Dr Frights Review –  A terrifying return for Earls Barton horror maze as the show still impresses on its 13th anniversary

A terrifying trip down Route 666 is all you need to get in the Halloween spirit
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Halloween is celebrated by folks around the world in plenty of different ways.

For some it’s an opportunity to snuggle up on the sofa for an annual re-watch of the cheesy, but lovable Scream films, and for others, it’s another chance to be scared out of their skin by clowns, zombies and hillbilly madmen trying everything in their power to make you cry.

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I fall in the former camp, so the proposition of Dr Frights’ Halloween Nights, a collection of Halloween mazes at White’s Nurseries in Earls Barton that are designed to do just that, isn’t something that should appeal to me.

The new 'Route 666' maze has seven distinct zones for attendees to endureThe new 'Route 666' maze has seven distinct zones for attendees to endure
The new 'Route 666' maze has seven distinct zones for attendees to endure

However, the constantly impressive set design and talented actors that make up each Dr Frights event keeps me coming back.

Unlike last year’s ‘Horrorworld’ attraction where the mazes were scattered around a central hub that included a bar and merch stand, the ‘Route 666’ journey is far more linear, with each zone merging into one another making the affair one, long, continuous event.

The previous format allowed people to take the mazes at their own pace, and meant Dr Frights was a viable place to spend an entire evening.

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The change does well to keep the tension high, and can help to forge fleeting bonds with the people around you also enduring the nightmare, but in doing so it means the experience must be had in one fell swoop.

Abandon hope (and respect the rules) all ye who enterAbandon hope (and respect the rules) all ye who enter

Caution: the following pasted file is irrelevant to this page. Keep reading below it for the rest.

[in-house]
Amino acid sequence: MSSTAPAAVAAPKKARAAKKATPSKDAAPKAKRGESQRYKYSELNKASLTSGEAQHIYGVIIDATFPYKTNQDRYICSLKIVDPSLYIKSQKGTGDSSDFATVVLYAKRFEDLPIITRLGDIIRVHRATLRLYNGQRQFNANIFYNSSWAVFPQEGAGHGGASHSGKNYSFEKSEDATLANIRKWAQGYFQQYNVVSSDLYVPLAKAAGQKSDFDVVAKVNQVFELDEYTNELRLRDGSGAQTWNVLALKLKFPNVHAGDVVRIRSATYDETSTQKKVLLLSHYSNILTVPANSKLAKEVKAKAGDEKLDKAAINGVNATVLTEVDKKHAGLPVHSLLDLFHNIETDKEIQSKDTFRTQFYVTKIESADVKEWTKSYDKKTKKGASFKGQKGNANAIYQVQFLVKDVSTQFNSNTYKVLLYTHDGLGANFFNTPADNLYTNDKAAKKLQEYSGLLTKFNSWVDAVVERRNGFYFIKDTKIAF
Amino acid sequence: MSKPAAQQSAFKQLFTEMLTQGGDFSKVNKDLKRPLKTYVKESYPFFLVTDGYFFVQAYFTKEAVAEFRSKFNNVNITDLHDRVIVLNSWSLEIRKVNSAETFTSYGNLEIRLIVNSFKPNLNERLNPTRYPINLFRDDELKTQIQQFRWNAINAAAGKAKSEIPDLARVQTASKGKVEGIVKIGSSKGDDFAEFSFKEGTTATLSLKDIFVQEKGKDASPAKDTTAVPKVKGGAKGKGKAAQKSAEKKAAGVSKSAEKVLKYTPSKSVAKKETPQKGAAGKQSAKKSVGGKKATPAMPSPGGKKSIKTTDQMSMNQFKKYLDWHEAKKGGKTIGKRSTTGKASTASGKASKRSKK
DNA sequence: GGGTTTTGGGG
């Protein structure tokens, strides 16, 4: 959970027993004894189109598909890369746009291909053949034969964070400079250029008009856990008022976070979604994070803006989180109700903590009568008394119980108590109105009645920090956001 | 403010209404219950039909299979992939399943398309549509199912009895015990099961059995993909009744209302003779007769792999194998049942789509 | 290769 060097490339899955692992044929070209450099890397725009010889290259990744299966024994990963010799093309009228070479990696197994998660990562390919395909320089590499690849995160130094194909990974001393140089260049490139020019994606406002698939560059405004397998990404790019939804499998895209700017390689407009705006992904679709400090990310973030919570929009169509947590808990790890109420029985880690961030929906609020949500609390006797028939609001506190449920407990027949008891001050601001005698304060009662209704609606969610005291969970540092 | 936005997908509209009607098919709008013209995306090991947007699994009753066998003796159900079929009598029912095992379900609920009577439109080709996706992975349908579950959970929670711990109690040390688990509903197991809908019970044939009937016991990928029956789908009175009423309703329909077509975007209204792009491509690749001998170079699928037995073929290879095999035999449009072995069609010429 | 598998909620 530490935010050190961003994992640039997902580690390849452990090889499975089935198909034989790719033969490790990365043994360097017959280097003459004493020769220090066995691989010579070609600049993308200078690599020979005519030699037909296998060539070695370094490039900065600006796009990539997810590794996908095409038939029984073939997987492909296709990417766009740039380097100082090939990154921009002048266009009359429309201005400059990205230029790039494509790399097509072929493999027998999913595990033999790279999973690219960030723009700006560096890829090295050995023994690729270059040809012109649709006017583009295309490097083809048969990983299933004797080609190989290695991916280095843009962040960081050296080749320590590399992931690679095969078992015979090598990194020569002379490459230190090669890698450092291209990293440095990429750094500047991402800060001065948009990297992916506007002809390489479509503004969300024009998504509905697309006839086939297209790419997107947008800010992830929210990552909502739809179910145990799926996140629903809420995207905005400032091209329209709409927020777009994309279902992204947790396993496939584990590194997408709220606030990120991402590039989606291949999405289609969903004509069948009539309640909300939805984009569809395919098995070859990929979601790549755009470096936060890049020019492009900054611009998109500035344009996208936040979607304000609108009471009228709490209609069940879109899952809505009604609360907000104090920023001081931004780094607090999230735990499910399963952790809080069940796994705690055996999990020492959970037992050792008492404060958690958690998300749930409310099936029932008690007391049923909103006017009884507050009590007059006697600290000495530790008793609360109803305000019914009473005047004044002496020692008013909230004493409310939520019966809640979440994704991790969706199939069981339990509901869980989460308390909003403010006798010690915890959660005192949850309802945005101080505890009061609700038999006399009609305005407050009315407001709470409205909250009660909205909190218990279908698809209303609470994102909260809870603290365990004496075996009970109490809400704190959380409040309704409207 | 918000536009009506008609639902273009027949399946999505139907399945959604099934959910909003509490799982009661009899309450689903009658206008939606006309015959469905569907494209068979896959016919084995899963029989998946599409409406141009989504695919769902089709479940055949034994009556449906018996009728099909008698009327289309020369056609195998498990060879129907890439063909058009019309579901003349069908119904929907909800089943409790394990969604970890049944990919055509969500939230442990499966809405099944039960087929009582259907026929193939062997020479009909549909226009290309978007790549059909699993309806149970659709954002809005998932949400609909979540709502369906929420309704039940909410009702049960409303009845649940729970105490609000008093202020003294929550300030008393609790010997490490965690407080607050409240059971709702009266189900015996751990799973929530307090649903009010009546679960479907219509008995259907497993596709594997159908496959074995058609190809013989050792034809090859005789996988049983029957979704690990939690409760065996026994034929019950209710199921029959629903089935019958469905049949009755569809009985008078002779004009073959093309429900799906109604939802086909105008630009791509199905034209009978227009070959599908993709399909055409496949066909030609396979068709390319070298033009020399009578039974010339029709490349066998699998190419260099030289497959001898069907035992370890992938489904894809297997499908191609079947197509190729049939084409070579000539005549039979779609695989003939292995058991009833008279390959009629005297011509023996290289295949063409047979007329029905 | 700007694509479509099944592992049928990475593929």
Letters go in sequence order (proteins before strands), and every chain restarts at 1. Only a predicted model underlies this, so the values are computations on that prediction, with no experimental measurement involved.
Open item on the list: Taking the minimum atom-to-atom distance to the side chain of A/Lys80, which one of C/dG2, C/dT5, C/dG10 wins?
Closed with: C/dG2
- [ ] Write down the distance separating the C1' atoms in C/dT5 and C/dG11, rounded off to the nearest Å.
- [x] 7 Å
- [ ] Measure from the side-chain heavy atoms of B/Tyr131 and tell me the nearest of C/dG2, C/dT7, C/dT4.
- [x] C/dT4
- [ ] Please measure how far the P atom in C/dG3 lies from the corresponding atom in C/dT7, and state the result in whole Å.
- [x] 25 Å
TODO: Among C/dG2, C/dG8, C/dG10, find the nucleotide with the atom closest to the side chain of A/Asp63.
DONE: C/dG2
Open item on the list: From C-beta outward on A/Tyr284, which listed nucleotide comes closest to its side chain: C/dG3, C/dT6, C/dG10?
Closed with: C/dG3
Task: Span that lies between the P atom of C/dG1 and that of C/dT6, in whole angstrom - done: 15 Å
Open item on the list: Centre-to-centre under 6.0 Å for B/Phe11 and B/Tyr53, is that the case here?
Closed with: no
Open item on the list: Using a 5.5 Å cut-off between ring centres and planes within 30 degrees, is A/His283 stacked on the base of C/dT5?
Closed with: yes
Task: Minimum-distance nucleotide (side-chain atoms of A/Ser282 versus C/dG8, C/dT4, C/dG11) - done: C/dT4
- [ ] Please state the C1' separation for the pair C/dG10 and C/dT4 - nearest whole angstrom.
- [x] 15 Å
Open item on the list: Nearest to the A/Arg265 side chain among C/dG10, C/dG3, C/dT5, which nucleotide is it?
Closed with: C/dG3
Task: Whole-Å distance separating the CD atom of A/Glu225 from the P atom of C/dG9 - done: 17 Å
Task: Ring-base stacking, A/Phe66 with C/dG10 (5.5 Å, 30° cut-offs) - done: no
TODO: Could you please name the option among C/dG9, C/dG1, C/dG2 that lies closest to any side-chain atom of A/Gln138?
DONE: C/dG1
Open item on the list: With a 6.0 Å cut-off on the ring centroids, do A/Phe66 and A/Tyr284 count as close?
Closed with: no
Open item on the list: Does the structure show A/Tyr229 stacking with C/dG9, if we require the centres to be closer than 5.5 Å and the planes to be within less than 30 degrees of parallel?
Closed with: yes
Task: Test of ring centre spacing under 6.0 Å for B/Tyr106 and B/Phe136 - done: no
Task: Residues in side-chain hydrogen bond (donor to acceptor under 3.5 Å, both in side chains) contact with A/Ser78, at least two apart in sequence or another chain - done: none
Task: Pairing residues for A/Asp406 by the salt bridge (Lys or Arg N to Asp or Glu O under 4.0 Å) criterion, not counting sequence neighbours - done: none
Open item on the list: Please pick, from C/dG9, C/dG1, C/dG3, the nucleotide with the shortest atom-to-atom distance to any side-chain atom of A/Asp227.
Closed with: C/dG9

Abandon hope (and respect the rules) all ye who enter

The bar that rests at the end of the gauntlet is a welcome sight, and a worthwhile reward.

In truth, Dr Fright’s popularity can come back to haunt it as wait times before the show, and in the intermission zone halfway through, can be a little long. Thankfully, there is a fast track option for those looking for a more seamless experience.

It’s within the individual zones where this year’s Dr Frights shines brightest. Seven segments of gory glee await all those who dare enter, from a zombie-infested World War One bunker to the country bumpkin grindhouse portion, where the unmistakable smell of petrol lingers in the air before the unsettling sound of a chainsaw rings in the ears of attendees.

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The highlights are part two and part five of the gauntlet, ‘Downtown Hell-A’ and the ‘Devilsgate Cinema’.

The former’s visuals are awe-inspiring, with chain link fences, Californian signage, and eager volunteers donning costumes inspired by 2013 horror flick The Purge.

The cinema segment cleverly weaves together the classic slasher and spooky films, with each turn of a corner taking people anywhere from Michael Myers’ domain to Bates’ Motel. The beginning of Devilsgate Cinema is the smartest, most eerie moment of the whole show, and is as impressive as it is scary.

Though the experience is deliberately unnerving, ‘Route 666’s road is paved with good intentions, with actors doing well to stay immersive, but are also respectful of people’s space.

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13 iterations of Dr Frights doesn’t make it any less frightening, it rather serves to refine a formula that has consistently sent chills up the spines of Northamptonshire locals for all those years.

I was utterly terrified, I desperately wanted it to be over, and I can’t wait for next year.

Tickets can be booked here.

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